“You will agree with me that the inclusion of National Assembly’s expenditures in the Executive Budget negates the principles of separation of Powers and financial autonomy of the Legislature. It is therefore necessary to transfer the National Assembly’s expenditures totaling N16.59 billion in the Service Wide Vote to National Assembly Statutory Transfer provision (see Schedule l).

“It is also imperative to reinstate the N22.0 billion cut from the provision for Sinking Fund to Retire Mature Loans to ensure that government can meet its obligations under already issued bonds as and when they mature.

“The cuts made from provisions for the recurrent spending of Nigeria’s Foreign Missions, which are already constrained, are capable of causing serious embarrassment to the country as they mostly relate to office and residential rentals.

“Similarly, the reductions in provisions for allowances payable to personnel of the Nigerian Navy and Police Formations and Commands could create serious issues for government. It is therefore imperative that these provisions be restored as proposed (see Schedule II).

“It is also absolutely necessary to remove all capital project is that replicated in the 2022 Appropriation Act; 139 out of the 254 such projects totaling N13.24 billion have been identified to be deleted from the budget.

“Some significant and non-mandate projects were introduced in the budgets of the Ministry of Transportation, Office of the Secretary to the Government of the Federation and Office of the Head of Civil Service of the Federation (see Schedule III). There are several other projects that have been included by the National Assembly in the budgets of agencies that are outside their mandate areas. The Ministry of Finance, Budget and National Planning has been directed to work with your relevant Committees to comprehensively identify and realign all such misplaced projects.

“It is also necessary to restore the titles / descriptions of 32 projects in the Appropriation Act to the titles contained in the Executive Proposal for the Ministry of Water Resources (see Schedule IV) in furtherance of our efforts to complete and put to use critical agenda projects.

“The Appropriation Amendment request is for a total sum of N106,161,499,052 (One hundred and six billion, one hundred and sixty-one million, four hundred and ninety-nine thousand, and fifty-two Naira only) for Capital Expenditures and N43,870,592,044 (Forty-three billion, eight hundred and seventy million, five hundred and ninety-two thousand, and forty-four Naira only) for Recurrent Expenditures. I therefore request the National Assembly to make the above amendments without increasing the budget deficit. I urge you to roll back some of the N887.99 billion of projects earlier inserted in the budget by the National Assembly to accommodate these amendments.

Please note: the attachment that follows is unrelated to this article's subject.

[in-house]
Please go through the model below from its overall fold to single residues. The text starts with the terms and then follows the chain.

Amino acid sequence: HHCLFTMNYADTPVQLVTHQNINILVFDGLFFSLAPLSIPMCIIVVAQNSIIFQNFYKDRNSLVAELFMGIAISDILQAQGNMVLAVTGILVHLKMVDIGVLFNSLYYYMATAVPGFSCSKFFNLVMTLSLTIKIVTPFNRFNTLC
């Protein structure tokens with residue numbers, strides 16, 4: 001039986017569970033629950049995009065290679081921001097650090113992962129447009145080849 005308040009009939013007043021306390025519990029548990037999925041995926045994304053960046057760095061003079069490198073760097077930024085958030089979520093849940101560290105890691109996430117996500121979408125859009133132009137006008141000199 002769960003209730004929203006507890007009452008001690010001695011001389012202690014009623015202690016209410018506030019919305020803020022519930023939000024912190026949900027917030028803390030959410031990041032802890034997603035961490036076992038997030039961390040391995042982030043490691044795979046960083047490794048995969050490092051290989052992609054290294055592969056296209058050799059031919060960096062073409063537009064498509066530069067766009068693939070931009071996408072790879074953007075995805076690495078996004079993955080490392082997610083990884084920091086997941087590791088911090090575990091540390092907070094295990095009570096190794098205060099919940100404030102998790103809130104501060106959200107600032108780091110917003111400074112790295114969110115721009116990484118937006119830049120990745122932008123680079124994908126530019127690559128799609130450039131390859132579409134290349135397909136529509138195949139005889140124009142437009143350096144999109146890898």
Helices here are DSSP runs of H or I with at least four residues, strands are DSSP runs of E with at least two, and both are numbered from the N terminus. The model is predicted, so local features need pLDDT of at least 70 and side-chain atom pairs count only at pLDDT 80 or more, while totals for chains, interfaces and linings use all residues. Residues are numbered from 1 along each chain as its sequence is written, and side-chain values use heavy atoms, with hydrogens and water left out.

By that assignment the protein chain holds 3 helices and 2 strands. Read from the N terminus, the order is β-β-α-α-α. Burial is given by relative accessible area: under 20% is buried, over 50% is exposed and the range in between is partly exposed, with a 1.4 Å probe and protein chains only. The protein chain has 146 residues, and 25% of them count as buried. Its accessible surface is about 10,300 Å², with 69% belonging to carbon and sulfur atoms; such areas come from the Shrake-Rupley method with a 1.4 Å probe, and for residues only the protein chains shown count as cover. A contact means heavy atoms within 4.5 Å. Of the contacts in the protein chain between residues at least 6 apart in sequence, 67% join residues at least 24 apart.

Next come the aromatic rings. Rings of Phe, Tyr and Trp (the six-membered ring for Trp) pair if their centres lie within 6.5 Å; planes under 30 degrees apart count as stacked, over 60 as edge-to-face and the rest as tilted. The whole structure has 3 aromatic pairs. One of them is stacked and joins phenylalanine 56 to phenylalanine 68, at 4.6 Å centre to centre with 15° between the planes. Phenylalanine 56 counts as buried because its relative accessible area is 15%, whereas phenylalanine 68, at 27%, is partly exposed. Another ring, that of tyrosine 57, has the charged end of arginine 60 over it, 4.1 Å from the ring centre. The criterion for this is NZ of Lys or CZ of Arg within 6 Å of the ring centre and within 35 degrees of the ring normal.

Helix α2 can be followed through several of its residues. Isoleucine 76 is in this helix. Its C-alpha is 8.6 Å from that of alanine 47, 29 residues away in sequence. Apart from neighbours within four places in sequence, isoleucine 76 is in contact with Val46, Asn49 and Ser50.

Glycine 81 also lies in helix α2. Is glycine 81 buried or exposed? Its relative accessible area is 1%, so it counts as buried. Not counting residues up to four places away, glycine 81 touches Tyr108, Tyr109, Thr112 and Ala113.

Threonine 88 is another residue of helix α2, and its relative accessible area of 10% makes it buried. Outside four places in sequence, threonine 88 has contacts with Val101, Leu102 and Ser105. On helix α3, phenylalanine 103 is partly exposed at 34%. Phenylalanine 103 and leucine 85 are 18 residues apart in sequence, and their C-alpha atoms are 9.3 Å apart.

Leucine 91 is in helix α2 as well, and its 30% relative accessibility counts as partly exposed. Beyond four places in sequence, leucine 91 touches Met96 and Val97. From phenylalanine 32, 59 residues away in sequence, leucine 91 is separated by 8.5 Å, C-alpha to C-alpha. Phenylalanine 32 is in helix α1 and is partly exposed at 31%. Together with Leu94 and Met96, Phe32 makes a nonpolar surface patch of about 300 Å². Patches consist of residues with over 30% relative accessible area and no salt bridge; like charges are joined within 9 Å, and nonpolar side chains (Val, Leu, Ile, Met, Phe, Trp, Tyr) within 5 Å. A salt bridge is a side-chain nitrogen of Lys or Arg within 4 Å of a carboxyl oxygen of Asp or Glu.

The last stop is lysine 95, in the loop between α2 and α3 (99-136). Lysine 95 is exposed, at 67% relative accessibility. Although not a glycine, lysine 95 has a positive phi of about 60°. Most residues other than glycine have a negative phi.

“However, following the suspension of the PMS subsidy removal, the 2022 Budget Framework has been revised to fully provide for PMS subsidy (see Schedule V). An additional provision of N2.557 trillion will be required to fund the petrol subsidy in 2022. Consequently, the Federation ACCOunt (Main Pool) revenue for the three tiers of government is projected to decline by N2.00 trillion, while FGN’s share from the Account is projected to reduce by N1.05 trillion. Therefore, the amount available to fund the FGN Budget is projected to decline by N969.09 billion.

“Aggregate expenditure is projected to increase by N45.85 billion, due to additional domestic debt service provision of N102.5 billion net of the reductions in Statutory Transfers by N56.67 billion, as follows: NDDC, by N12.61 billion from N102.78 billion to N90.18 billion; NEDC, by N5.90 bilion from N48.08 billion to N42.18 billion; UBEC, by N19.08 billion from N112.29 billion to N93.21 billion; Basic Health Care Fund, byN 9.54 billion from N56.14 billion to N46.60 billion; and NASENI, by N9.54 billion from N56.14 billion to N46.60 billion.